from Wiktionary, Creative Commons Attribution/Share-Alike License

  • v. Simple past tense and past participle of rehearse.


Sorry, no etymologies found.


  • Where he spent last year in rehearsed forums with select supporters, these days he is more frequently throwing aside the script and opening himself to questions from audiences that are not prescreened.

    April 2006

  • The confluence of these two considerations means that his show of “anger” was probably scripted in detail, and possibly rehearsed, which is why it rings hollow.

    Our kick-ass president

  • And five minutes before the break a rehearsed free kick on the edge of the box found Mark Bridge who opened up Gold Coast's defence with a ball across the box. - Latest News Headlines

  • When we asked him if this is, you know, other rehearsal periods that he had been involved with with this show, and he said it hadn't ever been rehearsed, meaning they hadn't ever taken the time with the scenes, which to us was shocking because the scenes are this music could stand as a play without music.

    Backstage With Broadway Legend Patti LuPone

  • Hillary standing there with that frozen robotic smile while this sweet old lady says nice things that i'm sure she "rehearsed".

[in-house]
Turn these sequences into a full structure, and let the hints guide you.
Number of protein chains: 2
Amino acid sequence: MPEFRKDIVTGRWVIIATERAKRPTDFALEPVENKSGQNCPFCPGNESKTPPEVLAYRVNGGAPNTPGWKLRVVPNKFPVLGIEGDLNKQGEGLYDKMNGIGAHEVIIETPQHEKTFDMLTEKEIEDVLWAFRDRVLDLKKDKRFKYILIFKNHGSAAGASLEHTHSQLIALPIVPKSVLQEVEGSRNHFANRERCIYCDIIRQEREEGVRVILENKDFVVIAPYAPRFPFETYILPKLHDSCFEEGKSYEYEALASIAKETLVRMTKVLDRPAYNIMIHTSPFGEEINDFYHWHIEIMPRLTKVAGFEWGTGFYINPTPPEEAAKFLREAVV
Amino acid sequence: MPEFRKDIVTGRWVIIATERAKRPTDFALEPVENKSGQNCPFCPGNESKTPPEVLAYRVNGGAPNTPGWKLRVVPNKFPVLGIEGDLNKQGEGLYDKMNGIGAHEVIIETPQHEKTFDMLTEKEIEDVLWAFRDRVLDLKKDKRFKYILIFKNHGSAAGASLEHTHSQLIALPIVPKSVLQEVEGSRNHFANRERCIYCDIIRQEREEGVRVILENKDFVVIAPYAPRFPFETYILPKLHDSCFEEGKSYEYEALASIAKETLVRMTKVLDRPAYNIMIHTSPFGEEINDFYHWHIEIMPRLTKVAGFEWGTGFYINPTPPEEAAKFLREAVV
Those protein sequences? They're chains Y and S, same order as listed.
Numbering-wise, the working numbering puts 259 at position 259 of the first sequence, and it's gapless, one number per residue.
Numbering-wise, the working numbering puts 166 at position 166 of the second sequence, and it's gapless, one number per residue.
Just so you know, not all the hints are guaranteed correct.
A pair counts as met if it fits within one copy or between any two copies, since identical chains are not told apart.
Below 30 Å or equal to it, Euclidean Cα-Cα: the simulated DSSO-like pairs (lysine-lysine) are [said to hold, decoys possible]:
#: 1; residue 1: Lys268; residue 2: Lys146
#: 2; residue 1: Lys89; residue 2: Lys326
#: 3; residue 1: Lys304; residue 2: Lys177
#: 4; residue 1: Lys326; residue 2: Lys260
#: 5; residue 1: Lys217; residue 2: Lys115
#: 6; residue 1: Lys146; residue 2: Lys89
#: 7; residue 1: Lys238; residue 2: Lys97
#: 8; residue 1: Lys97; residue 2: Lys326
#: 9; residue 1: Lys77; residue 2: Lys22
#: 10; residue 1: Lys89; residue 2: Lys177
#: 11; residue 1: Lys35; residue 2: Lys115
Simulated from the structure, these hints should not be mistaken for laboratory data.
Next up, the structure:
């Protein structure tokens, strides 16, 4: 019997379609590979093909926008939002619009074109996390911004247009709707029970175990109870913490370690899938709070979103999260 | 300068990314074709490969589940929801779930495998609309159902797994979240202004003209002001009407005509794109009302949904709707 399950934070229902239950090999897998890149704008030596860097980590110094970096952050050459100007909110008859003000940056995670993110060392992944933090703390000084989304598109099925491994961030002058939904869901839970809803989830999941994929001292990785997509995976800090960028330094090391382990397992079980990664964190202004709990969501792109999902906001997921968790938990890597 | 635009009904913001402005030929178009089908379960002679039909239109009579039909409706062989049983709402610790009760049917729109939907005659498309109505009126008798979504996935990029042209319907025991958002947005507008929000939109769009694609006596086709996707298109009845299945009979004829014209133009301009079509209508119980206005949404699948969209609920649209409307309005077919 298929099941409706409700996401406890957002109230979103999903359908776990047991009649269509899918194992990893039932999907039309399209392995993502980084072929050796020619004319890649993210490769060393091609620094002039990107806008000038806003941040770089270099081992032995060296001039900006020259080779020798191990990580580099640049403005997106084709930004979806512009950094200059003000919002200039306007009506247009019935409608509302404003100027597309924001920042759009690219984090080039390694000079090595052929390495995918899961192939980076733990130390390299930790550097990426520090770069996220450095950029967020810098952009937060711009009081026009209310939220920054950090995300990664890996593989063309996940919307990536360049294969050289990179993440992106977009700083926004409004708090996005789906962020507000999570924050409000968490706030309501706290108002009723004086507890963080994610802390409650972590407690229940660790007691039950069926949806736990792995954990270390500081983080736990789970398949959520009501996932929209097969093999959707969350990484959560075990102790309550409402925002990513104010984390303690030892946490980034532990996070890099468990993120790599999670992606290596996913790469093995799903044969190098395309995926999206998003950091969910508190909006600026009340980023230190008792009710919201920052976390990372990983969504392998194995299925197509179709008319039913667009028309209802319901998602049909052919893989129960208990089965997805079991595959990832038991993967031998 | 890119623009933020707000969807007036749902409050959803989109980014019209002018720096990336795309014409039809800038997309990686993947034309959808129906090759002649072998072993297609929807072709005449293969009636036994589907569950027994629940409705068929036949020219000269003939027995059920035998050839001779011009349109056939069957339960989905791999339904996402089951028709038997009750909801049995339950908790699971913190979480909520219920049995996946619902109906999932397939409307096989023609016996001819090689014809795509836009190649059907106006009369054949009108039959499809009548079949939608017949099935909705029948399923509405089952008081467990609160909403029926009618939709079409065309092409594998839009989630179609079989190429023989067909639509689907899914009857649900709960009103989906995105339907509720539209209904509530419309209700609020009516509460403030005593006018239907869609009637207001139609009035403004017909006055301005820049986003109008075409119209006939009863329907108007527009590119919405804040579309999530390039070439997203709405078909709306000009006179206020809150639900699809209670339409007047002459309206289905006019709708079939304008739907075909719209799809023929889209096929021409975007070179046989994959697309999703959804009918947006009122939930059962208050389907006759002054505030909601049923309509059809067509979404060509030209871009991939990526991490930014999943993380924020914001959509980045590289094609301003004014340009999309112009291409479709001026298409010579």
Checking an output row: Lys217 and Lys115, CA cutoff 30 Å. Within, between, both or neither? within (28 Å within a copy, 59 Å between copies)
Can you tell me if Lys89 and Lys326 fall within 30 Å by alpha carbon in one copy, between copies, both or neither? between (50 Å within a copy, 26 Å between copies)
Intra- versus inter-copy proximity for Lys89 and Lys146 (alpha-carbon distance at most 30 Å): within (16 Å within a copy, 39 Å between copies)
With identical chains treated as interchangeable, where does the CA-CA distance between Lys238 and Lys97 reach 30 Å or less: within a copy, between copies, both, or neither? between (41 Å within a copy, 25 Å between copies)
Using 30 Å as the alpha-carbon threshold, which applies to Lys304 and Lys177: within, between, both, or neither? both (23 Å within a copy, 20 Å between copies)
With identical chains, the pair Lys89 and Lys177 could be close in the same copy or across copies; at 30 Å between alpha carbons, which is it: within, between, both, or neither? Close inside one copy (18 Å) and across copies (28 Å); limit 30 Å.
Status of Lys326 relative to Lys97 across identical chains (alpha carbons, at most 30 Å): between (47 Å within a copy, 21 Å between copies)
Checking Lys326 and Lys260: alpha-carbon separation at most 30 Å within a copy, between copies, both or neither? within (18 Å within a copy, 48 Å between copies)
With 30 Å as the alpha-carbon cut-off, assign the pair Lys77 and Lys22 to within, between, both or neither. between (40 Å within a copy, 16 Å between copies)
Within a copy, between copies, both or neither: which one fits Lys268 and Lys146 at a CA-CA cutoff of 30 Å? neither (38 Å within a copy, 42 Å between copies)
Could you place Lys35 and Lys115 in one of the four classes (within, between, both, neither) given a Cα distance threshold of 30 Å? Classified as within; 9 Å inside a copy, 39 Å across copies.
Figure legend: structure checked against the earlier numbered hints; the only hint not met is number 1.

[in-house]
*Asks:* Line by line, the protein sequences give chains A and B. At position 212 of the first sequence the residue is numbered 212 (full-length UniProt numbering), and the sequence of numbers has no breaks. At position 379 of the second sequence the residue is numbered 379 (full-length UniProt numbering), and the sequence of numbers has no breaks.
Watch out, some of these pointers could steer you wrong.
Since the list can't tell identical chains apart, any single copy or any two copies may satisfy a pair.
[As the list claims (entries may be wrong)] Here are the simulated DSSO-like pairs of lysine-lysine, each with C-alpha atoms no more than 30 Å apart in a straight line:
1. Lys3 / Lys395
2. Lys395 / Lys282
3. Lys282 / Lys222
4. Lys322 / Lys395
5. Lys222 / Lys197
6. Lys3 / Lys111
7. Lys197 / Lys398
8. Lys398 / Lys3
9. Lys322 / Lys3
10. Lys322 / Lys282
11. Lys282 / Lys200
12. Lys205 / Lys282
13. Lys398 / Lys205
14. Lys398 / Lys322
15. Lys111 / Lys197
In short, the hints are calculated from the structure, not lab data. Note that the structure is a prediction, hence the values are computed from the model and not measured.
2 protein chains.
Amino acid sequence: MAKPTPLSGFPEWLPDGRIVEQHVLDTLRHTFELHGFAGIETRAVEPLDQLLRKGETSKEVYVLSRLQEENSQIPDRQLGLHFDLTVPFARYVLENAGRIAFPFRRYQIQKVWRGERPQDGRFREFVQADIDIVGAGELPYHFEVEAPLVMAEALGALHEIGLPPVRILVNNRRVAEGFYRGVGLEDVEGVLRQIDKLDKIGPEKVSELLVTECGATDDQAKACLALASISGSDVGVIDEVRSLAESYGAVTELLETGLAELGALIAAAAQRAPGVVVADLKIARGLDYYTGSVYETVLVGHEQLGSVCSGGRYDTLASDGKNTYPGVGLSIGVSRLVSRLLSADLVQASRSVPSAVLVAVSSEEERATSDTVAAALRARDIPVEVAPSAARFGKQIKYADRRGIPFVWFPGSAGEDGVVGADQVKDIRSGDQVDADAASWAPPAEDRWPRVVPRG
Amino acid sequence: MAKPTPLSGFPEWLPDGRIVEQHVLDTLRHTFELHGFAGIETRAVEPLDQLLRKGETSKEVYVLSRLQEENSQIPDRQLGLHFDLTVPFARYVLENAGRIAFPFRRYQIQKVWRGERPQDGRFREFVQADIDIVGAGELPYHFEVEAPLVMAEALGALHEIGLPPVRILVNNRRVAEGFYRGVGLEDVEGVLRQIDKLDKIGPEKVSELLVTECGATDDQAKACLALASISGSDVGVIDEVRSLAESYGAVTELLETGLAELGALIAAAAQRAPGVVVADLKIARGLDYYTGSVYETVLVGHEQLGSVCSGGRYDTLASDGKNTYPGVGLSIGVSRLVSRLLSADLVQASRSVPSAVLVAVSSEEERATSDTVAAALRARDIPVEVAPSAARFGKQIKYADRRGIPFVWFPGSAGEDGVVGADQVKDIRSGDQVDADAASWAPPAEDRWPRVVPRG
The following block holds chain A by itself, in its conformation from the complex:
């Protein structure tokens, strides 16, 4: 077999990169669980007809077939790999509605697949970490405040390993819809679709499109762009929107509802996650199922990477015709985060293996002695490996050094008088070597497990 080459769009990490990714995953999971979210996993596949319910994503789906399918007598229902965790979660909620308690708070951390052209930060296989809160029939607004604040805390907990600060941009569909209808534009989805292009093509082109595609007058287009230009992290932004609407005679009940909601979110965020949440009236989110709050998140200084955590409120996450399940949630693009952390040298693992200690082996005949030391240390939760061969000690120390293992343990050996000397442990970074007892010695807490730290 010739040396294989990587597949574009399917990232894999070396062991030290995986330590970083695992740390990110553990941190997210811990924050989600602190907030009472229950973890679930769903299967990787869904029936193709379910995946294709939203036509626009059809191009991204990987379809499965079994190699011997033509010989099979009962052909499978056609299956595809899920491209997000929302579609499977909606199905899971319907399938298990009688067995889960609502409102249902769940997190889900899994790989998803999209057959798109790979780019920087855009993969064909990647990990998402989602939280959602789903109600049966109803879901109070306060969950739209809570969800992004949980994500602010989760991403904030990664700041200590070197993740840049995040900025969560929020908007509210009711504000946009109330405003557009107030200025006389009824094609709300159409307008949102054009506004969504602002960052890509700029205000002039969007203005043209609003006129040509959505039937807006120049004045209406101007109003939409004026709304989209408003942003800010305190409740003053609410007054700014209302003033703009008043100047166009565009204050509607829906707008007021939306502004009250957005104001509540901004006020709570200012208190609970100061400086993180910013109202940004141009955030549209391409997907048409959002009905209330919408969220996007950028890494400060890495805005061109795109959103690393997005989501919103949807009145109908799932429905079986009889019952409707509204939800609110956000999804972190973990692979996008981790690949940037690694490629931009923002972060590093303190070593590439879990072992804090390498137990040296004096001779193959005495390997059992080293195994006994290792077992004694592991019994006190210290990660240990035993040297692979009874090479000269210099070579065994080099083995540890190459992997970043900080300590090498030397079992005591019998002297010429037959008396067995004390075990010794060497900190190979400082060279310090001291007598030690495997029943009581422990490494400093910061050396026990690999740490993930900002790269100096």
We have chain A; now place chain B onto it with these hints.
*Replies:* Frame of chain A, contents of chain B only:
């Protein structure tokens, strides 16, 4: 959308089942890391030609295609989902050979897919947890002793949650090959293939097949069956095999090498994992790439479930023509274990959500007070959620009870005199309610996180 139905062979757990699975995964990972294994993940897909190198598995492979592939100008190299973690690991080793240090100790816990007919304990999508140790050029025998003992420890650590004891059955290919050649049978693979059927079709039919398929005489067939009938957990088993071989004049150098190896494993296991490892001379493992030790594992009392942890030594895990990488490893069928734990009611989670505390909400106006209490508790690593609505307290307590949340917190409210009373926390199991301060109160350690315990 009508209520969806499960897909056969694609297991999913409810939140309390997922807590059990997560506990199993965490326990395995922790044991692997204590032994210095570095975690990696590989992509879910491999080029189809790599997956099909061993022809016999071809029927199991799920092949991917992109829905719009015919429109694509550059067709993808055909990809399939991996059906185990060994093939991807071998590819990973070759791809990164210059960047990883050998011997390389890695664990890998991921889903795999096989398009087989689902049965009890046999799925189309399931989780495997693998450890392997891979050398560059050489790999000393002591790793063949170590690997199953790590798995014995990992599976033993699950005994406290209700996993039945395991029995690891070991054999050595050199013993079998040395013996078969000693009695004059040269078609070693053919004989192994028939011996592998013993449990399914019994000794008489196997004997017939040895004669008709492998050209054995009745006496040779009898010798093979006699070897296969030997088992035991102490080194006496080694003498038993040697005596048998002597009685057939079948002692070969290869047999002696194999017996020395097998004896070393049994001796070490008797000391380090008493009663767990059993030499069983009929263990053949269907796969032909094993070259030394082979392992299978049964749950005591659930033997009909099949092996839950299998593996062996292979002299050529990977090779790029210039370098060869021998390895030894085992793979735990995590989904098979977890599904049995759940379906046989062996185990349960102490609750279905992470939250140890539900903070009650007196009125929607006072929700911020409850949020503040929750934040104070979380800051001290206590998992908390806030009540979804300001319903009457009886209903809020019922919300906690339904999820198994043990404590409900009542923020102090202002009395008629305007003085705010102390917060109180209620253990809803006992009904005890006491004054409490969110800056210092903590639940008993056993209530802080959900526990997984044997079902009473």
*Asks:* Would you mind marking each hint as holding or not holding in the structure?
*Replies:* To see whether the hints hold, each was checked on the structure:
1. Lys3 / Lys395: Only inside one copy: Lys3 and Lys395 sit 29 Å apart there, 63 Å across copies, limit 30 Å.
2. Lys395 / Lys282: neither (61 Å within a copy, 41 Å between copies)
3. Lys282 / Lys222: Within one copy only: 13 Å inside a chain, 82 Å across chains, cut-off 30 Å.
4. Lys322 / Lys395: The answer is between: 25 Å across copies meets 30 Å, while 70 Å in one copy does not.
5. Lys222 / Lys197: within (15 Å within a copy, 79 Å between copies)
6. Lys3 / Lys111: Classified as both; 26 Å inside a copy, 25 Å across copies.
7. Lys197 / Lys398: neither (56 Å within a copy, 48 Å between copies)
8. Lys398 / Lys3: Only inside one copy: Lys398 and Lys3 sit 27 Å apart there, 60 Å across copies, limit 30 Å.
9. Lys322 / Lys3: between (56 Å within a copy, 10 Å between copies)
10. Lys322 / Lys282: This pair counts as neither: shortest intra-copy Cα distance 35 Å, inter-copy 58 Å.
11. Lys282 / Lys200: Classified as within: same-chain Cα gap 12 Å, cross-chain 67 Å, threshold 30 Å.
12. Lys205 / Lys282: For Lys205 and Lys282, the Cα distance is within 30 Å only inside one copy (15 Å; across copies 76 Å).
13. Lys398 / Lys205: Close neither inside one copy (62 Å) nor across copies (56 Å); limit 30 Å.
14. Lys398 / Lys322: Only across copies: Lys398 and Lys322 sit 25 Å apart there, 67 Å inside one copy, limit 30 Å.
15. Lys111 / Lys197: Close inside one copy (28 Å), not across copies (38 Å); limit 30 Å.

New Hillary Ad: She's "Polished Like Gold"

  • Then, once you've "rehearsed," declaim your lines, nudging the monitor to prompt a response from Romeo or Horatio -- prerecorded by a Globe professional.

    Shakespeare Karaoke At The Globe

  • The only time he isn't "rehearsed" is those town meetings and such and he clammers for words and stumbles through his tangled thoughts and then puts his foot in his mouth and back tracks quite often, later in the day.

    Did McCain Cheat At Saddleback?

  • Palin can easily talk about Alaska… and she does seem very rehearsed which is an improvement from her Couric interviews.

    Debate expectations from Obama camp

  • The more we see, the more we digest, the more our brains have "rehearsed" it and our souls accept and think of that first when faced with insult or injury.

    Archive 2007-04-01

  • I’m impressed that the words come out exactly as rehearsed, which is the last thing that goes as planned.



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